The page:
German discount retailer Lidl said it is closely monitoring the situation as Hovis workers prepare to strike on Friday over their "scandalous" pay.
There are fears the bread supply will be disrupted as Unite the Union is also separately balloting members at the other main bread manufacturer in Northern Ireland, Allied Bakeries.
Picketing at the Hovis site on Apollo Road in Belfast will begin at one minute past midnight on Friday.
Lidl stocks Hovis bread in its stores, while the factory also makes Lidl's own-brand bread.
"We will be adjusting orders if necessary to ensure that the supply offered to our ever growing customer base will not be affected," a Lidl spokesman said.
Just under 90% (88%) of Hovis workers voted for strike action in pursuit of a 5.1% pay claim.
United the Union said staff at Hovis and Allied Bakeries were "serious about winning real improvements in pay".
Hovis employs around 250 people at the bakery on Apollo Road. It makes bread under the Ormo and Mother's Pride brands as well as own-label bread for M&S, Tesco, Sainsbury's and Lidl. Allied Bakeries produce Kingsmill, Burgen, Allinson and Sunblest.
Sean McKeever, Unite regional officer, said that after "deducting shift premiums, overtime and bonuses, Hovis workers receive a basic wage 90p below national minimum wage threshold".
"As such, in recent pay negotiations, the workers are seeking a pay uplift of 5.1% equivalent to 37p an hour on their basic rate," he said.
"Unfortunately management have completely failed to address those legitimate pay expectations. Bosses refused to meet the pay claim and instead offered a meagre 23p an hour uplift (3.2%).
"In effect, bosses are forcing workers to the gate for less than 14p an hour in terms of a differential," he added.
"This is both scandalous and an insult to the workforce.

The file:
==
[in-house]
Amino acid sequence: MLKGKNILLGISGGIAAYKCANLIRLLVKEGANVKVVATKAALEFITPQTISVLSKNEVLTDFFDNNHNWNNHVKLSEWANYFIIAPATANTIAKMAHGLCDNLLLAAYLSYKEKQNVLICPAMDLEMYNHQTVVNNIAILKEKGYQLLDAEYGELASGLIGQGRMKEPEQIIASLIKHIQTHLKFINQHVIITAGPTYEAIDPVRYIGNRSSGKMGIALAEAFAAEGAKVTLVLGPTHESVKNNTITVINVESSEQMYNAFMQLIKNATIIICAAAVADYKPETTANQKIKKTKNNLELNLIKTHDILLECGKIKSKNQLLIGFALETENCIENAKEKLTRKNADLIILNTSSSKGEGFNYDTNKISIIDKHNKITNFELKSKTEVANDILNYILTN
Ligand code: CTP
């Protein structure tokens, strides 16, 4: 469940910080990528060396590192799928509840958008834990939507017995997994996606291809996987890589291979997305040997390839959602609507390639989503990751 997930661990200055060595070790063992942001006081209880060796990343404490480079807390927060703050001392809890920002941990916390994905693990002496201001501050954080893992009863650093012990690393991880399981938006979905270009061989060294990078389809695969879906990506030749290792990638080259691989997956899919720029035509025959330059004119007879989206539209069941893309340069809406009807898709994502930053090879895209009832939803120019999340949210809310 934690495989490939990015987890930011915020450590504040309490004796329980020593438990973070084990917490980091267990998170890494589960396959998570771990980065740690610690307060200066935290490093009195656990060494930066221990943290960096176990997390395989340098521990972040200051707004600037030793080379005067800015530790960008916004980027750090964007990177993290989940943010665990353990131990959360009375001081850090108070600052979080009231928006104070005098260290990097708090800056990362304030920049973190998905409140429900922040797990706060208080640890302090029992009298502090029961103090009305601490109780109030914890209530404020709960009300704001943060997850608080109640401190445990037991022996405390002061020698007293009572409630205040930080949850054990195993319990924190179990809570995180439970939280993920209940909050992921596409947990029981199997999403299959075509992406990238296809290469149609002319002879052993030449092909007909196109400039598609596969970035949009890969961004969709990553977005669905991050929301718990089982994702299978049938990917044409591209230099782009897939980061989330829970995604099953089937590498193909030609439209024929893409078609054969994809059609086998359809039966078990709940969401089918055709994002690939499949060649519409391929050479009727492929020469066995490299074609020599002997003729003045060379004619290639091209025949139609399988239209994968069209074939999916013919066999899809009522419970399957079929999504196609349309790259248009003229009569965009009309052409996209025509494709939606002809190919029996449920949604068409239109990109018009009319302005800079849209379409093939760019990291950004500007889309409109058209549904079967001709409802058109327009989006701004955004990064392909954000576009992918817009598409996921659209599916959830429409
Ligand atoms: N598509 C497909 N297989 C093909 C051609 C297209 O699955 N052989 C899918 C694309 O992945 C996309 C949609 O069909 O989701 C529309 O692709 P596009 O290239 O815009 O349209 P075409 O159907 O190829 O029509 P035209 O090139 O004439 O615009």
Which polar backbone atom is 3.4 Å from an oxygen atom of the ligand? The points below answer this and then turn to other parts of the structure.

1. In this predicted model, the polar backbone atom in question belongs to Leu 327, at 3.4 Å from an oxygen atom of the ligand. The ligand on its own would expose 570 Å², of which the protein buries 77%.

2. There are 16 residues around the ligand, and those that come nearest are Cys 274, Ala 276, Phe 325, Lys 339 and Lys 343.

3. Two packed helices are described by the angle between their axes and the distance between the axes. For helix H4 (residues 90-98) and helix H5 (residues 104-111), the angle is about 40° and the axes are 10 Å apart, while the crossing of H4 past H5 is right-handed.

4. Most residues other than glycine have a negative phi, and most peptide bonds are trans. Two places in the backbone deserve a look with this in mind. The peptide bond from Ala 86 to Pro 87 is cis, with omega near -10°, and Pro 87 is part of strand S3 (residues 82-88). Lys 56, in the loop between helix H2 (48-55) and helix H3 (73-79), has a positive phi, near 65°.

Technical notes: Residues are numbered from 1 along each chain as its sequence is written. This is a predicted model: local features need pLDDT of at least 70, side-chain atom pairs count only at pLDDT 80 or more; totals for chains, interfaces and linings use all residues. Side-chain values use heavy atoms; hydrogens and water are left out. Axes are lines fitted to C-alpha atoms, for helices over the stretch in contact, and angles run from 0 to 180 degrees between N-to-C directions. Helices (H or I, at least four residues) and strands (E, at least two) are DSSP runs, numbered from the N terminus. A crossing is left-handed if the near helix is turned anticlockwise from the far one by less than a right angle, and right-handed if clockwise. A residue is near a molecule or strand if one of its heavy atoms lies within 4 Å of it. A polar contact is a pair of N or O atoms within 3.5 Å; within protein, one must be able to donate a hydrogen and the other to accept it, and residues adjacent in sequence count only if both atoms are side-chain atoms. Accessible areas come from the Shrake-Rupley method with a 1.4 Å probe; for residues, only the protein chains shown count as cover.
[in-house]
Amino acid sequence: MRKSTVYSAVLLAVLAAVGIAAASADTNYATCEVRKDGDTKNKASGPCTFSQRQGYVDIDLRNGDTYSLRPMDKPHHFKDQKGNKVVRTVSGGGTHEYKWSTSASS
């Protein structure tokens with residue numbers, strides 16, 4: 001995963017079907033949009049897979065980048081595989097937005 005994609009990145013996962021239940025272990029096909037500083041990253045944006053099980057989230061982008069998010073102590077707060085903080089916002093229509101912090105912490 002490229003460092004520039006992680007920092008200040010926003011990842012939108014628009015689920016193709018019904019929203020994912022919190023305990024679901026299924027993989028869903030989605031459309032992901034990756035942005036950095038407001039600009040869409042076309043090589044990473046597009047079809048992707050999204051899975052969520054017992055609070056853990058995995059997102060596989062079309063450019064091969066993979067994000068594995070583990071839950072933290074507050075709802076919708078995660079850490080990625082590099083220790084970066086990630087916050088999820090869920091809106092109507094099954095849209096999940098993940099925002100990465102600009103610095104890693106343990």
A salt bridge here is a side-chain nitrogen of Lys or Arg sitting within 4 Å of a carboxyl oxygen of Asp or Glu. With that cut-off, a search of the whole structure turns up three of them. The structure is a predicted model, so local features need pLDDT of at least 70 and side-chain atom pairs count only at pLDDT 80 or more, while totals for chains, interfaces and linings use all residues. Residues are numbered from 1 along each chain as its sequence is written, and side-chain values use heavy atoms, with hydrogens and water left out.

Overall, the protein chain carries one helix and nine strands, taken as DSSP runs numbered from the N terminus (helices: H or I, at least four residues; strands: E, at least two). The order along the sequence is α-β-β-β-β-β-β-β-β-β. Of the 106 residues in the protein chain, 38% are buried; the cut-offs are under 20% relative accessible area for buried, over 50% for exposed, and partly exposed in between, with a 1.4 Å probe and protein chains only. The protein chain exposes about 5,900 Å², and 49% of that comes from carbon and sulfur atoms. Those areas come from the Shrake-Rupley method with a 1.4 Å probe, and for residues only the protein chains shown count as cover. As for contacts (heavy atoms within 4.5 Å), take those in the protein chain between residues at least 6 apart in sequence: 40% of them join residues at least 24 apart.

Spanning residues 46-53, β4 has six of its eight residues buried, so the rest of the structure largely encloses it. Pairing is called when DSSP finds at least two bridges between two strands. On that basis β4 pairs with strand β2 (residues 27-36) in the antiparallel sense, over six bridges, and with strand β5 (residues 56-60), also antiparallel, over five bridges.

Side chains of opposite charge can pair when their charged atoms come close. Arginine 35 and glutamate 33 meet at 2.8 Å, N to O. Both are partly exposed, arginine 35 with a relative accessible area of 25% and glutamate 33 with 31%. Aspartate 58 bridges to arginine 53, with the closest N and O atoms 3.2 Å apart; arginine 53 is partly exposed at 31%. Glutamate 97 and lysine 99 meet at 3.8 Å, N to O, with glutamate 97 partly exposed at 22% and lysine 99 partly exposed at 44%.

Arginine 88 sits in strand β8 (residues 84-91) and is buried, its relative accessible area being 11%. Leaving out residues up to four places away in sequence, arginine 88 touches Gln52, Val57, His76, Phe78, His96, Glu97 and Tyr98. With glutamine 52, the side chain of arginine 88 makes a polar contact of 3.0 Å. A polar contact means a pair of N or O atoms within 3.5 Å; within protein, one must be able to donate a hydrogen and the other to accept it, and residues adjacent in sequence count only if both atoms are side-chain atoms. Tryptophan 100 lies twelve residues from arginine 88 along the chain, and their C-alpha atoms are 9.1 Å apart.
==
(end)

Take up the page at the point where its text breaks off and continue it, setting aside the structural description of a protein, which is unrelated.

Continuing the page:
"Pickets will be going up outside the Boucher Road plant at a minute past midnight on Friday morning.
"The strike action will be continuous - it is an all-out strike as the workers are determined to secure themselves fair pay.
"This is a fight they cannot afford to lose, but is likely to result in considerable disruption to this company's ability to provide bread across Northern Ireland for the duration.
"Unite is also separately balloting our members at the other main bread manufacturer in Northern Ireland, Allied Bakeries. Workers in the sector are getting organised - they are serious about winning real improvements in pay."
Speaking in December, when Unite announced it was balloting members, Mr McKeever said that last year Hovis had made £15m in profits before tax.
In a statement, Hovis said that it was "disappointed hear the results of the Unite the Union and BFAWU ballots for strike action".
"We have subsequently entered into further discussions in good faith and have improved our offer," a spokesman added.
"It is disappointing to see no movement from the unions in these negotiations with no indication that our revised offer will be put to members to vote. We remain very open to discussions and are committed to finding a resolution.
"We operate in a tough and competitive market subject to increasingly higher operating costs but still offer pay and conditions that are market comparable as we continue to sustainably build the business.
"We will continue to seek a resolution that is acceptable to all sides and are committed to reaching a conclusion to this action as soon as possible."